The Ghost Marriage
Chief Inspector Li Yan and American pathologist Margaret Campbell, heroes of Peter May’s…
The Ghost Marriage
Genre : Thriller
Chief Inspector Li Yan and American pathologist Margaret Campbell, heroes of Peter May’s best-selling China thrillers, return in a new story. A girl has disappeared in Peking, and the mystery is somehow connected to a strange marital rite from China’s past: the Minghun, or Ghost Marriage.
Winners of France’s Pix Intramuros in 2007, Peter May once again takes his readers on a powerful, fascinating exploration of modern China.
Autour de l’ouvrage :
Peter May And China
Bringing stories to life
For me, half the pleasure in reading a book, is the chance to be transported to some exotic location I might never otherwise see. As a writer I am privileged to visit such places for real. And I want my readers to see and feel and smell these places, too, so that they are with my characters every step of the way.
My researches for the first three books in the series, The Firemaker, The Fourth Sacrifice, and The Killing Room led me on several visits to China, where excellent contacts secured unprecedented access to the strange and arcane world of the Chinese justice system.
First visit to China : a crime turned TV drama
During my first visit I was guest of honour at a police banquet held in a restaurant off Tiananmen Square. My host, the charismatic Police Commissioner Wu He Ping, recounted how he had captured a gang who stole priceless artefacts to smuggle out of the country. The case became famous in China when it was made into an eight-hour TV drama, written and produced by Commissioner Wu, and starring himself −as himself.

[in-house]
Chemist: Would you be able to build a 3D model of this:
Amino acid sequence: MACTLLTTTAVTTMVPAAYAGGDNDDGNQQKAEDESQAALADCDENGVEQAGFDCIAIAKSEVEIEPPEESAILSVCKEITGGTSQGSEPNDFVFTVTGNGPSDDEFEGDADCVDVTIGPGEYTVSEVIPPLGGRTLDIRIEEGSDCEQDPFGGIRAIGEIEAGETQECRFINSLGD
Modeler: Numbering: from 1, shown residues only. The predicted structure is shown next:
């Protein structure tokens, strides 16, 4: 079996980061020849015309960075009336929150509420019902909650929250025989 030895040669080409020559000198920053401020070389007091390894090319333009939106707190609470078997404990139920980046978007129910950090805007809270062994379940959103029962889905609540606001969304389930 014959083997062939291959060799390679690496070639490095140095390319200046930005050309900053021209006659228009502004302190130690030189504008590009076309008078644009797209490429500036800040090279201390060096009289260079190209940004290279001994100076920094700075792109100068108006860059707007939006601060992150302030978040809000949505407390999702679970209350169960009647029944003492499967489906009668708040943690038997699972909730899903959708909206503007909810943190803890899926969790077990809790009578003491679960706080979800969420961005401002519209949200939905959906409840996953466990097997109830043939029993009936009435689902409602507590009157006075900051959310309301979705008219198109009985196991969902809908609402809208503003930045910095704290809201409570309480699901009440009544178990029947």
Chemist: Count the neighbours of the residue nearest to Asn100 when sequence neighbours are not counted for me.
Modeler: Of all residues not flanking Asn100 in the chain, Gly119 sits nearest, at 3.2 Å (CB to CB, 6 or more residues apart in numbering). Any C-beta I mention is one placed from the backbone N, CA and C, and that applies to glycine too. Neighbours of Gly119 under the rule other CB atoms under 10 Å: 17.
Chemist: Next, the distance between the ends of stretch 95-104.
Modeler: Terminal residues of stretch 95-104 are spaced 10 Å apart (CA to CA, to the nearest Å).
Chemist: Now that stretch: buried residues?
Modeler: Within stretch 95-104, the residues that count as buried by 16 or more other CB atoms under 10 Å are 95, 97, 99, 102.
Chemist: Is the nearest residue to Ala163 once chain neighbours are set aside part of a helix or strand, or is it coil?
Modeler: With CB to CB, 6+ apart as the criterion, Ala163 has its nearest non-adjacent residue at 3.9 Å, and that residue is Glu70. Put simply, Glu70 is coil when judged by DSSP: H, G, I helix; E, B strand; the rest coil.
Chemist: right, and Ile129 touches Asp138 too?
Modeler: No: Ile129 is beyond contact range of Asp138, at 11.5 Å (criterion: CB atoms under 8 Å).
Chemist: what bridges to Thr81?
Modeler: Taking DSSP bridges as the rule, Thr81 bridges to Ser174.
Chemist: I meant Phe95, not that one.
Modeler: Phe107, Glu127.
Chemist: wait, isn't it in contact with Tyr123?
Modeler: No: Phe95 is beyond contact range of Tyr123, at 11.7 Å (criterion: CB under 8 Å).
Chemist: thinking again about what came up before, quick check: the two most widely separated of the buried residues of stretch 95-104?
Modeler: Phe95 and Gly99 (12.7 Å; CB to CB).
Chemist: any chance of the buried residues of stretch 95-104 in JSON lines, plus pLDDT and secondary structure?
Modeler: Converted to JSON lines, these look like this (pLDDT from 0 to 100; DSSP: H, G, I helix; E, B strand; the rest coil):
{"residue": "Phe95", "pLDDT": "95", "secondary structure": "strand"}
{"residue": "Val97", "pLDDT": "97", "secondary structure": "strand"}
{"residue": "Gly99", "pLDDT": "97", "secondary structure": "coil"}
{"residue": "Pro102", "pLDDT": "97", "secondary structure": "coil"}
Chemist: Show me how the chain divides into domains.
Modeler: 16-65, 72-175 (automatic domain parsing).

The interpreter, clearly in awe of the Commissioner, explained that the gang members had also played themselves in the drama. I thought that I must have misunderstood, and asked for clarification. Smiling, Commissioner Wu said that they had cut some real footage of the actual thieves into the drama, but had been forced to employ actors after they had been executed.
My appetite for the deep-fried scorpions on my plate diminished further.
Commissioner Wu, however, went on to open many doors for me in China; the walled campus of Beijing University where lakes and bridges and tiny pavilions nestle in secluded tranquillity between beautiful faculty buildings; the Terracotta Warriors in situ in Xian; the Shanghai police department while researching The Killing Room.
The strange delights of Chinese banquets
I have since been treated to many banquets, and faced such delights as barbecued grubs on a stick, fried prawn smothered in ants, stir-fried snake, one-hundred-year-old eggs (which actually attain their brown colour by steeping in horse’s urine). All washed down with beer and the cry of gan bei −a toast meaning, literally, bottoms up, and in Shanghai, police code for ‘let’s get the guest of honour drunk’. What they failed to realise was that the capacity for alcohol of a fifteen stone Scot is considerably greater than that of a nine stone Chinese. So I survived −just.
A mortuary in Shangai
But perhaps my most traumatic experience in Shanghai was while viewing the ultra-modern mortuary and autopsy facilities. I was shown around by the chain-smoking and laconic Yan Jian Jun, senior forensic pathologist with the Shanghai Police. Yan took great delight in sliding open the drawers of the eighty-body refrigerated storage unit to let me see some of the bodies. And in one of the autopsy rooms he ignored my polite refusal to view a recently autopsied corpse, and had two assistants wheel it in on a gurney.
They unzipped the white body bag to reveal the remains of a young man in his early twenties. He was carved open like a carcass in a butcher’s shop. But what I found most shocking was the expression on his face. Eyes closed, his features were bunched up in a frown of pain or fear, or both, dark hair smeared across his forehead. I asked the interpreter how he had died and she whispered to me that he had been executed the previous day.
The death house
That experience has only been usurped by a visit, during my American trip, to the Death House in Texas, where thirty-four prisoners have been executed so far that year; the cell where they spent their last miserable hours; the table to which they were strapped before having three IVs attached to their arms; the tiny room behind the two-way mirror where the medics started the poison flowing.
Such experiences bring to my writing, I hope, a sense of awe and respect for death. For such first-hand contact with the dead, makes it only too real. And we should never write, or read, of it lightly.
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